Why I can dream again

8th August 2018

This article is taken from our July issue of My Life magazine. You can read the whole magazine here, or to subscribe to receive a free copy via email or post please sign up here.


Being told he should have an ICD was a landmark that things were getting worse for Andrew Kaponi

“Deep down I, probably like others, thought I could beat my dilated cardiomyopathy and if not beat it, then at least control it. So when I was told I should have an implantable cardioverter defibrillator (ICD) fitted, I felt numb,” says Andrew Kaponi, 42, from London.

The father-of-two was at high risk of having a cardiac arrest and was told he would probably have an sudden cardiac arrest (SCA) in the next five years.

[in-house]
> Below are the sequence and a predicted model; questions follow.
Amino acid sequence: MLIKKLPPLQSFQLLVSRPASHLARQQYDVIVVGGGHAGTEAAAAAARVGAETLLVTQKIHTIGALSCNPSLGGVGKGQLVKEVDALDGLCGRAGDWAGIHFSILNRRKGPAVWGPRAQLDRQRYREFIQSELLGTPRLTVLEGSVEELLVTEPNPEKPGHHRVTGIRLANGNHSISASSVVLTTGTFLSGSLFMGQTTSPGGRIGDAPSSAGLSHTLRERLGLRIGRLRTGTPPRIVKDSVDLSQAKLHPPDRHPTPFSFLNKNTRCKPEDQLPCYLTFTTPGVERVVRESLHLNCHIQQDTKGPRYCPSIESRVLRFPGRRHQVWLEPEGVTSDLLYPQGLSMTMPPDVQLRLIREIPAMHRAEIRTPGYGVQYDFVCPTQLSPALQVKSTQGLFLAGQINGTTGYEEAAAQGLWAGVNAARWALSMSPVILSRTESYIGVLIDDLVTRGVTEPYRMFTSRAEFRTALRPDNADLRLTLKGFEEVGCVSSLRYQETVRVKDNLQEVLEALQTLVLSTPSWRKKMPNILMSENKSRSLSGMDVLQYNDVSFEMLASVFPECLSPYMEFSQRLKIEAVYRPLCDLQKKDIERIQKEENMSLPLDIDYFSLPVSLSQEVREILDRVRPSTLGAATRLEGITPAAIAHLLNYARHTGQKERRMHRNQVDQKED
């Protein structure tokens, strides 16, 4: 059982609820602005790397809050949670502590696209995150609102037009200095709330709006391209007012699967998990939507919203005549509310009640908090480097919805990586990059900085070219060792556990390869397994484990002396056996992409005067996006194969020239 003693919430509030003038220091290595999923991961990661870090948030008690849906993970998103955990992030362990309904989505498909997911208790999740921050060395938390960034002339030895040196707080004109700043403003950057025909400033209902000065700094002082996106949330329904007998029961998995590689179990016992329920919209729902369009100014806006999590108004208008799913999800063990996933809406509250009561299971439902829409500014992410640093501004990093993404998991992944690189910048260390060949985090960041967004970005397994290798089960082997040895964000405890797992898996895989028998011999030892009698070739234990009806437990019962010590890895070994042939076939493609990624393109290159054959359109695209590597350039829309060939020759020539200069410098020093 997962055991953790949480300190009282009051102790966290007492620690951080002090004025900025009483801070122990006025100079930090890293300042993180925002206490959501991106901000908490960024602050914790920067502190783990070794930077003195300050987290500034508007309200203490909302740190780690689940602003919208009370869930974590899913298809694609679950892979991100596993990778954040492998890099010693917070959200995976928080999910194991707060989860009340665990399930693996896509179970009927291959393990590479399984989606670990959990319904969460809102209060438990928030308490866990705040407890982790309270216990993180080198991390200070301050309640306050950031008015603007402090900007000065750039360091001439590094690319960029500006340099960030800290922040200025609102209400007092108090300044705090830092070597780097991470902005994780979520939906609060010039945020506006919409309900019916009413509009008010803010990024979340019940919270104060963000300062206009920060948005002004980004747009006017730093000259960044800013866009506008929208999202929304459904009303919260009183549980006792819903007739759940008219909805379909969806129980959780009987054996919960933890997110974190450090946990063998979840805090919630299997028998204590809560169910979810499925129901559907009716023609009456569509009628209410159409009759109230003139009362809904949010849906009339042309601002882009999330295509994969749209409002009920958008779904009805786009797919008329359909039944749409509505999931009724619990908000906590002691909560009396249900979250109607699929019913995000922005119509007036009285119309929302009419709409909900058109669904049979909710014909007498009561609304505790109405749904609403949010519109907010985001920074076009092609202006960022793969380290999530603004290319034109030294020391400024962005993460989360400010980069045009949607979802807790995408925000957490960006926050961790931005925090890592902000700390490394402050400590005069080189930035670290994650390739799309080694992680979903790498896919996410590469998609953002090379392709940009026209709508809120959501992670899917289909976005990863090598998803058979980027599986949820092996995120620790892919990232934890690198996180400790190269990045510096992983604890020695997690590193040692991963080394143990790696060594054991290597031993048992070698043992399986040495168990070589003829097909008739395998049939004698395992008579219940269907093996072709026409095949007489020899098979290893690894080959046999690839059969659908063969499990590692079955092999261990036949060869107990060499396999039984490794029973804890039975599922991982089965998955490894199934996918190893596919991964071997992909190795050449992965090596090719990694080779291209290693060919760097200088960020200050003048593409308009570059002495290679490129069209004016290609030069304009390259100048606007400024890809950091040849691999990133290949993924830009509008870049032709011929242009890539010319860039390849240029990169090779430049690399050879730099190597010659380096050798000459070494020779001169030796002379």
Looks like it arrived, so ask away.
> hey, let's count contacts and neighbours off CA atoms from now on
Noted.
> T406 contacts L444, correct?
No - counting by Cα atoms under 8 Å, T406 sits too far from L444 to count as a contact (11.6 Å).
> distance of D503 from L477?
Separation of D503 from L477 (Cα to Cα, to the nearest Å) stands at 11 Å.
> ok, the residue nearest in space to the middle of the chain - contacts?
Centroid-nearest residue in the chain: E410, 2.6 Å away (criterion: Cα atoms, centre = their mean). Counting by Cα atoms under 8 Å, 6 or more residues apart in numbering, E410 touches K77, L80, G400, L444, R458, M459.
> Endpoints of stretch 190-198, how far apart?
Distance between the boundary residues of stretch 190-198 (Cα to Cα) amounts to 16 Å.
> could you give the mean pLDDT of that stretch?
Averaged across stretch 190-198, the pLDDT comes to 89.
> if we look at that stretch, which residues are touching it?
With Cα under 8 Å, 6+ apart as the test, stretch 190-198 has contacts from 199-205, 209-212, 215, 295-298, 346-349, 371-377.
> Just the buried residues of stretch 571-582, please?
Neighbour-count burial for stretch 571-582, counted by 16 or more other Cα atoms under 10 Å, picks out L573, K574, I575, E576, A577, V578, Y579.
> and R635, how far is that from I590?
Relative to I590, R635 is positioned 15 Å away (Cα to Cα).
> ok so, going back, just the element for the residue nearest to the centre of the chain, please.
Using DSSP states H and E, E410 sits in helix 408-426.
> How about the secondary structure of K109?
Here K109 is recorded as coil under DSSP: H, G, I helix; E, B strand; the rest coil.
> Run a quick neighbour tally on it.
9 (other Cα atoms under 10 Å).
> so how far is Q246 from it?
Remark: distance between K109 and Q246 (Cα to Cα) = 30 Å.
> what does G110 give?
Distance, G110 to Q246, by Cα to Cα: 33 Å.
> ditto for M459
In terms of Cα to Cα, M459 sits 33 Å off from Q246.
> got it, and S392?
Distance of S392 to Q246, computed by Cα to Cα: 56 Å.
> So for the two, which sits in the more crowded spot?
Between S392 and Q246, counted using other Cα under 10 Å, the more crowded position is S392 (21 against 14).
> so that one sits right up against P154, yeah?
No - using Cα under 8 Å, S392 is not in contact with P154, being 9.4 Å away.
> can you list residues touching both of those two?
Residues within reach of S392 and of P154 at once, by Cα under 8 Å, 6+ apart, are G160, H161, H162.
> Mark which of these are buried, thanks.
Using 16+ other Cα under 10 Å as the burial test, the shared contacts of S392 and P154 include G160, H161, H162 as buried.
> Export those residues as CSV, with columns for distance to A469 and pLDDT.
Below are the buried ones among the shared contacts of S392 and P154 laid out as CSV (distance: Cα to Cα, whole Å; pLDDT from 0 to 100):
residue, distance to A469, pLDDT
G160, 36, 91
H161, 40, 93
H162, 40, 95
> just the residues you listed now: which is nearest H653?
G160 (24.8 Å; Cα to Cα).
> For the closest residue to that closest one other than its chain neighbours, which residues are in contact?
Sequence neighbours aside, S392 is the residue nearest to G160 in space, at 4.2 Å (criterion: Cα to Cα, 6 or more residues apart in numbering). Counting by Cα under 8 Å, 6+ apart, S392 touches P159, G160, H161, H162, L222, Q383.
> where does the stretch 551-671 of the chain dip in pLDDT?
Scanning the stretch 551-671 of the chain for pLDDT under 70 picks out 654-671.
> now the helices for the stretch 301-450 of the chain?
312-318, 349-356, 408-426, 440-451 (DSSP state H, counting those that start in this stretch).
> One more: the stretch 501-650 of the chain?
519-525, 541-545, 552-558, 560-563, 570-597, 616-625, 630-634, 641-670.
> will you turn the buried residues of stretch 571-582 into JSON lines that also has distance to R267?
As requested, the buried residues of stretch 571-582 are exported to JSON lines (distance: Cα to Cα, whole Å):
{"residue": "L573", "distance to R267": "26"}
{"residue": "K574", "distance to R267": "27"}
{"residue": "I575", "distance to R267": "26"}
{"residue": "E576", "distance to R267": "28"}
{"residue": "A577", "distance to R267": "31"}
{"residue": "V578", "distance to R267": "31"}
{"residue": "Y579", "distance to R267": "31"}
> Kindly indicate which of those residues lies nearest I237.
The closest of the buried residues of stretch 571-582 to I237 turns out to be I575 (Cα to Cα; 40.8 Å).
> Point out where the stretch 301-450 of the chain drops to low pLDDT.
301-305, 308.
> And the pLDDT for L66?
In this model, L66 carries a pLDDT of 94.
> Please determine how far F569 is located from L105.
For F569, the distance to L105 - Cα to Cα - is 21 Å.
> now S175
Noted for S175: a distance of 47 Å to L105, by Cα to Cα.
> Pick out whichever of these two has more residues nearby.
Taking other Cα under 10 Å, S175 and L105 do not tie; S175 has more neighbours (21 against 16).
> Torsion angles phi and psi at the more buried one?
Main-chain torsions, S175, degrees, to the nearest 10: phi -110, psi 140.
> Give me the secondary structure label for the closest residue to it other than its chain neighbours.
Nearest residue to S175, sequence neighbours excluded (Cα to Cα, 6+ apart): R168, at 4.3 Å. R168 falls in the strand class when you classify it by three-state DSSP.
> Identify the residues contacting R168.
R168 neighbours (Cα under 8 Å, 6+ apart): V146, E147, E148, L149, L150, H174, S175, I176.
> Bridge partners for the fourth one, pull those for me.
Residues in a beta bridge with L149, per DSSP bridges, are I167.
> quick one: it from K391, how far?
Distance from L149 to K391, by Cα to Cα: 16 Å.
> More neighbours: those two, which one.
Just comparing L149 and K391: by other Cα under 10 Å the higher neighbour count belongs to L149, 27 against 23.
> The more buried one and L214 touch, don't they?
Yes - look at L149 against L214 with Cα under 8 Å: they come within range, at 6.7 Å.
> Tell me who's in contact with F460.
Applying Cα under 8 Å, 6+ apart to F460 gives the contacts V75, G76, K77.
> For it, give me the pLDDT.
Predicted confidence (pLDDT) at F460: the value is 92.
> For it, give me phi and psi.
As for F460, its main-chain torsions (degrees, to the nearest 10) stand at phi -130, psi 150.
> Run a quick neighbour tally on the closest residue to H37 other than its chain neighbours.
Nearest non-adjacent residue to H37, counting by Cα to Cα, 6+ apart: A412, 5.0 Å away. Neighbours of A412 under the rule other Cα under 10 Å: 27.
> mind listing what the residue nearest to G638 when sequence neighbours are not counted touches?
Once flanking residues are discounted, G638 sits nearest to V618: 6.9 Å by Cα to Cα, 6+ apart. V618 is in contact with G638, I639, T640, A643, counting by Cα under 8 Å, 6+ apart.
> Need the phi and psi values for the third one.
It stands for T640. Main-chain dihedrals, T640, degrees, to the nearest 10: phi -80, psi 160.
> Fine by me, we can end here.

“When I was told I should have an ICD I felt numb. It meant so much for me. It meant this condition I was living with and having to adapt to,  was not just an inconvenience and a life changer, but also a danger to my life.”

Andrew swiftly set about finding out everything he could about ICDs - speaking to other patients, inspecting the devices and even speaking to people who worked at the manufacturers.

“When I went for my consultation, it was a bit like that advert where the car salesman is trying to tell the customer all about the car’s performance, while the customer is finishing his sentences because they know it all!” he recalls.

However, Andrew was pleasantly surprised to learn that home monitoring means wherever he is in the world (bar a few countries), there will be a team monitoring his ICD and knowing if something is wrong.

“That was an “oooh” moment for me,” he admits, “so not only was this thing potentially going to save my life, but also, there are people somewhere out there, who have got my back.  It’s like a double safety net - cool I thought!”

Andrew admits he is prone to doom and gloom and in the run-up to his operation, went through a period of “mourning” his previous life and the fear he might not survive the procedure.